Thursday, February 6, 2014


Contrary to common belief (in the modernist mindset of 21st century America) that black doctoral gown that a Baptist, Methodist, or Presbyterian preacher wears is not a vestment. It is an academic gown and a means to display his educational credentials to preach and teach. The use of the academic gown by clergy developed in the reformed churches upon the rejection of the use of vestments. In much of the Anglican tradition the common Eucharistic Vestments (Chasuble, Stole, Maniple, Alb, and Amice)  were suppressed as being papist superstition while the Surplice and Cope were retained. Because these are not Mass Vestments to which specific superstition was attached Anglicans did not see the need to suppress their use. The Surplice, worn with the cassock, tippet, and academic hood became essentially the norm as far as vestments go in the Anglican use. On the other hand the more reformed (Calvinist, Puritan, Zwinglian) christians all together reject the use of vestments. Instead of vesting these traditions used the academic gown as the ministerial wear of clergy.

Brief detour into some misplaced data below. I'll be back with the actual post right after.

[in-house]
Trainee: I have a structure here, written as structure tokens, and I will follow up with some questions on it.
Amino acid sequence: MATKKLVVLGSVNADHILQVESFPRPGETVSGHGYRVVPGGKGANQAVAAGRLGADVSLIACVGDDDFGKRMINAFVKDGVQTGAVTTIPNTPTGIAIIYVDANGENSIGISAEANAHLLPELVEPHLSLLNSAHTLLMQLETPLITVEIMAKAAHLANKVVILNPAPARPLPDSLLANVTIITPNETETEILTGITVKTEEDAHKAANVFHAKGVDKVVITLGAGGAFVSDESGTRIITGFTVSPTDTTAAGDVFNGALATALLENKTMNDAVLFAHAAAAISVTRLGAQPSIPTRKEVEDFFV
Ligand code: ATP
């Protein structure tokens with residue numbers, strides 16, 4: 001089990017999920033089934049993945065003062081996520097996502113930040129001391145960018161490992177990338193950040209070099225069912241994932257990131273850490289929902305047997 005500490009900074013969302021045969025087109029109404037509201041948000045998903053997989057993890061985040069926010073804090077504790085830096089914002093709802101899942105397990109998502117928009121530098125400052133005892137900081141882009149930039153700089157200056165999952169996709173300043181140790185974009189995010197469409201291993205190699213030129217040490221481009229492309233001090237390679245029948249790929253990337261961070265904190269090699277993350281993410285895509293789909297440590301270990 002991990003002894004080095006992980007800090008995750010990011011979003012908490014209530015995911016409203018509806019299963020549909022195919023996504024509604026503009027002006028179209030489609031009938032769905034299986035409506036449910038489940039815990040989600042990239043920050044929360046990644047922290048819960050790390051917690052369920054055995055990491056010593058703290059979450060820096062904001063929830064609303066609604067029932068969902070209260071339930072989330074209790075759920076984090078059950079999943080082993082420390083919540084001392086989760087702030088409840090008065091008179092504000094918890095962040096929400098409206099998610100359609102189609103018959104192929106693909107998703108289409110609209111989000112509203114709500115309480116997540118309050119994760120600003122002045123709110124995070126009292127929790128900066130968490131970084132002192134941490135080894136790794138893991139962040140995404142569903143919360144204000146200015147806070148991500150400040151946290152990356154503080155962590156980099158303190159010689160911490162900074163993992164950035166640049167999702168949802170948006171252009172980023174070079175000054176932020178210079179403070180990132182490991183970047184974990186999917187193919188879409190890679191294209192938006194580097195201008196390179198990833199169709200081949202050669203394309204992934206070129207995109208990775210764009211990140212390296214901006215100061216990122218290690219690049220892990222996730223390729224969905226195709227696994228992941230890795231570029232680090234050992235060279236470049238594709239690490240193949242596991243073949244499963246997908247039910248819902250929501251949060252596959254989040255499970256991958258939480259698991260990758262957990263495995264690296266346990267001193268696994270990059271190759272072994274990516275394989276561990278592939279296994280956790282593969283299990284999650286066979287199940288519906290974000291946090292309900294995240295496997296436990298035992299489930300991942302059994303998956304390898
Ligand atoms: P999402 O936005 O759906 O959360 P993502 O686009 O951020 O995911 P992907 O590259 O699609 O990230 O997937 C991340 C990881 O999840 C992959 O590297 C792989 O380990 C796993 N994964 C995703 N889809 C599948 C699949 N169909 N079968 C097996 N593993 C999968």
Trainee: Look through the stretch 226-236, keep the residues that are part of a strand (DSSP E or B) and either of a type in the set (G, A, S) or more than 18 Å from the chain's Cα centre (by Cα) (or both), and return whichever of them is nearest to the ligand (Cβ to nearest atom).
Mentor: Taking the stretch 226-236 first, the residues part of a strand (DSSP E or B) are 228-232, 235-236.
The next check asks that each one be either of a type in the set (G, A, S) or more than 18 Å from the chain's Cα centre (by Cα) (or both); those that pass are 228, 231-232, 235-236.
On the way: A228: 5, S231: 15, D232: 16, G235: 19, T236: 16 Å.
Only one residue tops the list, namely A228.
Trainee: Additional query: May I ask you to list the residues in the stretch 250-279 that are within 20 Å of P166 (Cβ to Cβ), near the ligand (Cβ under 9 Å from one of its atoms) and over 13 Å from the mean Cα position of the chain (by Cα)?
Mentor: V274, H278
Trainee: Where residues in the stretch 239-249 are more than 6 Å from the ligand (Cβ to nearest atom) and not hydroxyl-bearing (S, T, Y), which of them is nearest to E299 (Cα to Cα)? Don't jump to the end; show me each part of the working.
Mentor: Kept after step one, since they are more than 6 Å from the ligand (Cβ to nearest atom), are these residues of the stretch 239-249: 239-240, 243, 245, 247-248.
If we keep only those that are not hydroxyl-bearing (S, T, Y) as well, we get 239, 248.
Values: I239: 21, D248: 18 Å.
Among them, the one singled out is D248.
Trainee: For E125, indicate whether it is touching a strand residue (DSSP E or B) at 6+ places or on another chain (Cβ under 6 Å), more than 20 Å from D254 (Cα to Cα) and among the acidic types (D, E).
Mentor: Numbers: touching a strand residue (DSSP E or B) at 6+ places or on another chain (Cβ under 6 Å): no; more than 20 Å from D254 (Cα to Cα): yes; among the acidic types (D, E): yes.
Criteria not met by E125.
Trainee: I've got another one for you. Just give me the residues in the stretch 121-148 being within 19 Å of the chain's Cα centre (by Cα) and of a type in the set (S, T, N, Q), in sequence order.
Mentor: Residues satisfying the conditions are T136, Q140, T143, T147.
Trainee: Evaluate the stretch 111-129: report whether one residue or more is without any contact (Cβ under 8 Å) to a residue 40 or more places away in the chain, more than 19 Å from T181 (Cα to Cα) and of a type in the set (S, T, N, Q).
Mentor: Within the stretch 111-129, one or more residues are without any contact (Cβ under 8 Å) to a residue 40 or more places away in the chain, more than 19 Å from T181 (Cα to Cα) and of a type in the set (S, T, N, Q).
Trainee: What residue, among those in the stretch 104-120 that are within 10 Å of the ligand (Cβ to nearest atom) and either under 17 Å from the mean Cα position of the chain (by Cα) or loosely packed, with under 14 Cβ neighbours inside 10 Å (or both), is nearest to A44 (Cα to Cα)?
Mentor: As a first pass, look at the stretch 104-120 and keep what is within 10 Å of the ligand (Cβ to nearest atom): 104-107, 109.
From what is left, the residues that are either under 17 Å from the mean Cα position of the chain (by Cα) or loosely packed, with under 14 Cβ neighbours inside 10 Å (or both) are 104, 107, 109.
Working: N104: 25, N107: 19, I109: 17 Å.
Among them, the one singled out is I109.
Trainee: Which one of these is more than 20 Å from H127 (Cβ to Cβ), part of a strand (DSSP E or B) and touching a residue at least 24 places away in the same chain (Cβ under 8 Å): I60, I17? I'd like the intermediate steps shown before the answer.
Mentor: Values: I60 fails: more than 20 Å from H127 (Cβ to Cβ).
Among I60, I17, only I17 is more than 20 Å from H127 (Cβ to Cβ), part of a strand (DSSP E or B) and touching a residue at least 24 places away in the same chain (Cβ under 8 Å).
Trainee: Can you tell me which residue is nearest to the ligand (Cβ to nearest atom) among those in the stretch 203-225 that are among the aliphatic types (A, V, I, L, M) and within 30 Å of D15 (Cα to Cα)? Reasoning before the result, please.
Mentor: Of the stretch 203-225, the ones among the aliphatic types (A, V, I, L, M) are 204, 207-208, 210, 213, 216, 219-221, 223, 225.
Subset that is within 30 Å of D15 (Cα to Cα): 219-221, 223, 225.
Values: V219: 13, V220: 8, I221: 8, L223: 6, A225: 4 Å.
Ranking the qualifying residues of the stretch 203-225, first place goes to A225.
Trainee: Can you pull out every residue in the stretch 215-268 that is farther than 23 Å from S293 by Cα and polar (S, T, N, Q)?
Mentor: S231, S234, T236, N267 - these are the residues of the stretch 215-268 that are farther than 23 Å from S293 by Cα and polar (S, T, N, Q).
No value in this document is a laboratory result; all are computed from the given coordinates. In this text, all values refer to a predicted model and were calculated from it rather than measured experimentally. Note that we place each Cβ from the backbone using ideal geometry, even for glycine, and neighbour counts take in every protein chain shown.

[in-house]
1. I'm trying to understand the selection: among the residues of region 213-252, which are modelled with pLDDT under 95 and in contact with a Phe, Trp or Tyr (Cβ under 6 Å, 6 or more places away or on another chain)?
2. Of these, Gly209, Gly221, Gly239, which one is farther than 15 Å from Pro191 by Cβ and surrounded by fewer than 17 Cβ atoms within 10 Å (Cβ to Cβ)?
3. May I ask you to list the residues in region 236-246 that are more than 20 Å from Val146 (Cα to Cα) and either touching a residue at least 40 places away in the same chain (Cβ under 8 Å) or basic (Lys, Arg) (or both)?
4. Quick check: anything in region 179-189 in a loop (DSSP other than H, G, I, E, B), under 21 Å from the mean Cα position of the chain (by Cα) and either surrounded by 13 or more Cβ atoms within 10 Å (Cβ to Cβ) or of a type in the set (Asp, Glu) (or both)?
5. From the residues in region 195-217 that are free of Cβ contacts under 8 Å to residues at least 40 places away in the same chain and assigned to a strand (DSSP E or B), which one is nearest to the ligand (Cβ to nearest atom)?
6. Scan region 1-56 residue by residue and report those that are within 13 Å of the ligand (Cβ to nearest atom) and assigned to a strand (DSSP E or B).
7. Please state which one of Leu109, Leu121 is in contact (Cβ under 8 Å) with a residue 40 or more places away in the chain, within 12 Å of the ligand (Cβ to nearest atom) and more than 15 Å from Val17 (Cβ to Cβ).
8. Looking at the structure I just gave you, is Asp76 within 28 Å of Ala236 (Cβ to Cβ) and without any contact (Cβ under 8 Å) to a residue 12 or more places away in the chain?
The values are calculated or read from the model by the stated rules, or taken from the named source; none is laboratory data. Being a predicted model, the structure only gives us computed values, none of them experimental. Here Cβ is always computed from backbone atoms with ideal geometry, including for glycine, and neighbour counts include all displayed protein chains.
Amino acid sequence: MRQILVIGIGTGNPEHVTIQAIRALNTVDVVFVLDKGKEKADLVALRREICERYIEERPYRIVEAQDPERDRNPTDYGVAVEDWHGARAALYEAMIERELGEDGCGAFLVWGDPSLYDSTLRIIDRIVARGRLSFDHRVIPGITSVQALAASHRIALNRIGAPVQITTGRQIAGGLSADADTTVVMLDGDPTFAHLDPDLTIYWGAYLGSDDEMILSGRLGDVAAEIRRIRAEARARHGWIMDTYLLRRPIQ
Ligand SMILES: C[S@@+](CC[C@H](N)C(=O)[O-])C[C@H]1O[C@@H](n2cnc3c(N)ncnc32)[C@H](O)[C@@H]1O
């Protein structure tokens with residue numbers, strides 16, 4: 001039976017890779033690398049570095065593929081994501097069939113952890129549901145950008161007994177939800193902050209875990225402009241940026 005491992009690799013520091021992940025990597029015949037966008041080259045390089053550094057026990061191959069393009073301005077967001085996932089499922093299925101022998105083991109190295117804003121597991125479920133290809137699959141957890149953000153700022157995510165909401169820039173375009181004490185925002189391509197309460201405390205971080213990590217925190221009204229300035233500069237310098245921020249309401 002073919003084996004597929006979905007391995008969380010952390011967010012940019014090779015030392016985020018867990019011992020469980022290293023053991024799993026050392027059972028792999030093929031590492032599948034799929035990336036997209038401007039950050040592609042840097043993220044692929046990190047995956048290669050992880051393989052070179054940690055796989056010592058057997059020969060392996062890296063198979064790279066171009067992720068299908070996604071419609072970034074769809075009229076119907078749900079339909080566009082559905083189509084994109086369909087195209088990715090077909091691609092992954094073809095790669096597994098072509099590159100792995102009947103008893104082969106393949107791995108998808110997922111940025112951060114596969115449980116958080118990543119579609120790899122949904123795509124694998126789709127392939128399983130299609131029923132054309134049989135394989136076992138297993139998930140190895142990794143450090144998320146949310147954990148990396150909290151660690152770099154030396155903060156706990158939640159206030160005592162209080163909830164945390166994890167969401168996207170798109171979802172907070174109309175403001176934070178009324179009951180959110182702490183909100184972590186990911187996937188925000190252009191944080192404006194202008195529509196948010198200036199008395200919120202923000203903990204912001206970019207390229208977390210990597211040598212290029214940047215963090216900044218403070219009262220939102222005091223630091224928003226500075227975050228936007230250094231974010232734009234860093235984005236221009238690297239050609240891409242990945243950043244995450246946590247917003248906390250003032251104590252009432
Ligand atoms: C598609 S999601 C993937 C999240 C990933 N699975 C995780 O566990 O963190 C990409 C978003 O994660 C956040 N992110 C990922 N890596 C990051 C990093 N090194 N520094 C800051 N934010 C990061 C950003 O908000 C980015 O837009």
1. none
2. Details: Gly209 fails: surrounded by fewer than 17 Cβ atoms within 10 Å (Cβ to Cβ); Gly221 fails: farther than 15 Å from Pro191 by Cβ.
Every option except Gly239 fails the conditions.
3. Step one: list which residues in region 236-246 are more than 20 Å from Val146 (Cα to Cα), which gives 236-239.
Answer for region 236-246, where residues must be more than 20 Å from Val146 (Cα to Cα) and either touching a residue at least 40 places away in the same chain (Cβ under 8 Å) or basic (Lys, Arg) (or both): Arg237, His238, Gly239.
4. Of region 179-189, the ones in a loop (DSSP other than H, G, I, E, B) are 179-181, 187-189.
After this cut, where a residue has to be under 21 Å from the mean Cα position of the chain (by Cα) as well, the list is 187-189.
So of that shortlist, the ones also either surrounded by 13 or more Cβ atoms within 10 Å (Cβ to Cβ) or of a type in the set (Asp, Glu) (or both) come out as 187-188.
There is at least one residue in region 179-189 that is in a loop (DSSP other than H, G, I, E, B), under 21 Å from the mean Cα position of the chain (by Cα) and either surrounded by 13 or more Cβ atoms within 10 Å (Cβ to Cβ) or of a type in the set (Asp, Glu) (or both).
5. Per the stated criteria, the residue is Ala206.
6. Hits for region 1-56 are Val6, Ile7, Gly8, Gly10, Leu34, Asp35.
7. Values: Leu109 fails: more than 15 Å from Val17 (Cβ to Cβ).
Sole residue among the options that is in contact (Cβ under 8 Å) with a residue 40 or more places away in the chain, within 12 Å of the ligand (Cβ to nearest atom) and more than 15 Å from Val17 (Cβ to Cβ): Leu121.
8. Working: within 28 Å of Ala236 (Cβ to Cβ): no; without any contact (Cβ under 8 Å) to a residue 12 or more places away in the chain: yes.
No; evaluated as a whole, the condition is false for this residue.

As I stated above, the stole is a proper vestment and in particular it is a mass vestment. It represents the yoke of service to God. The academic gown is the symbol of the very rejection of vestments. To combine the two a theological oxymoron. 

No comments:

Post a Comment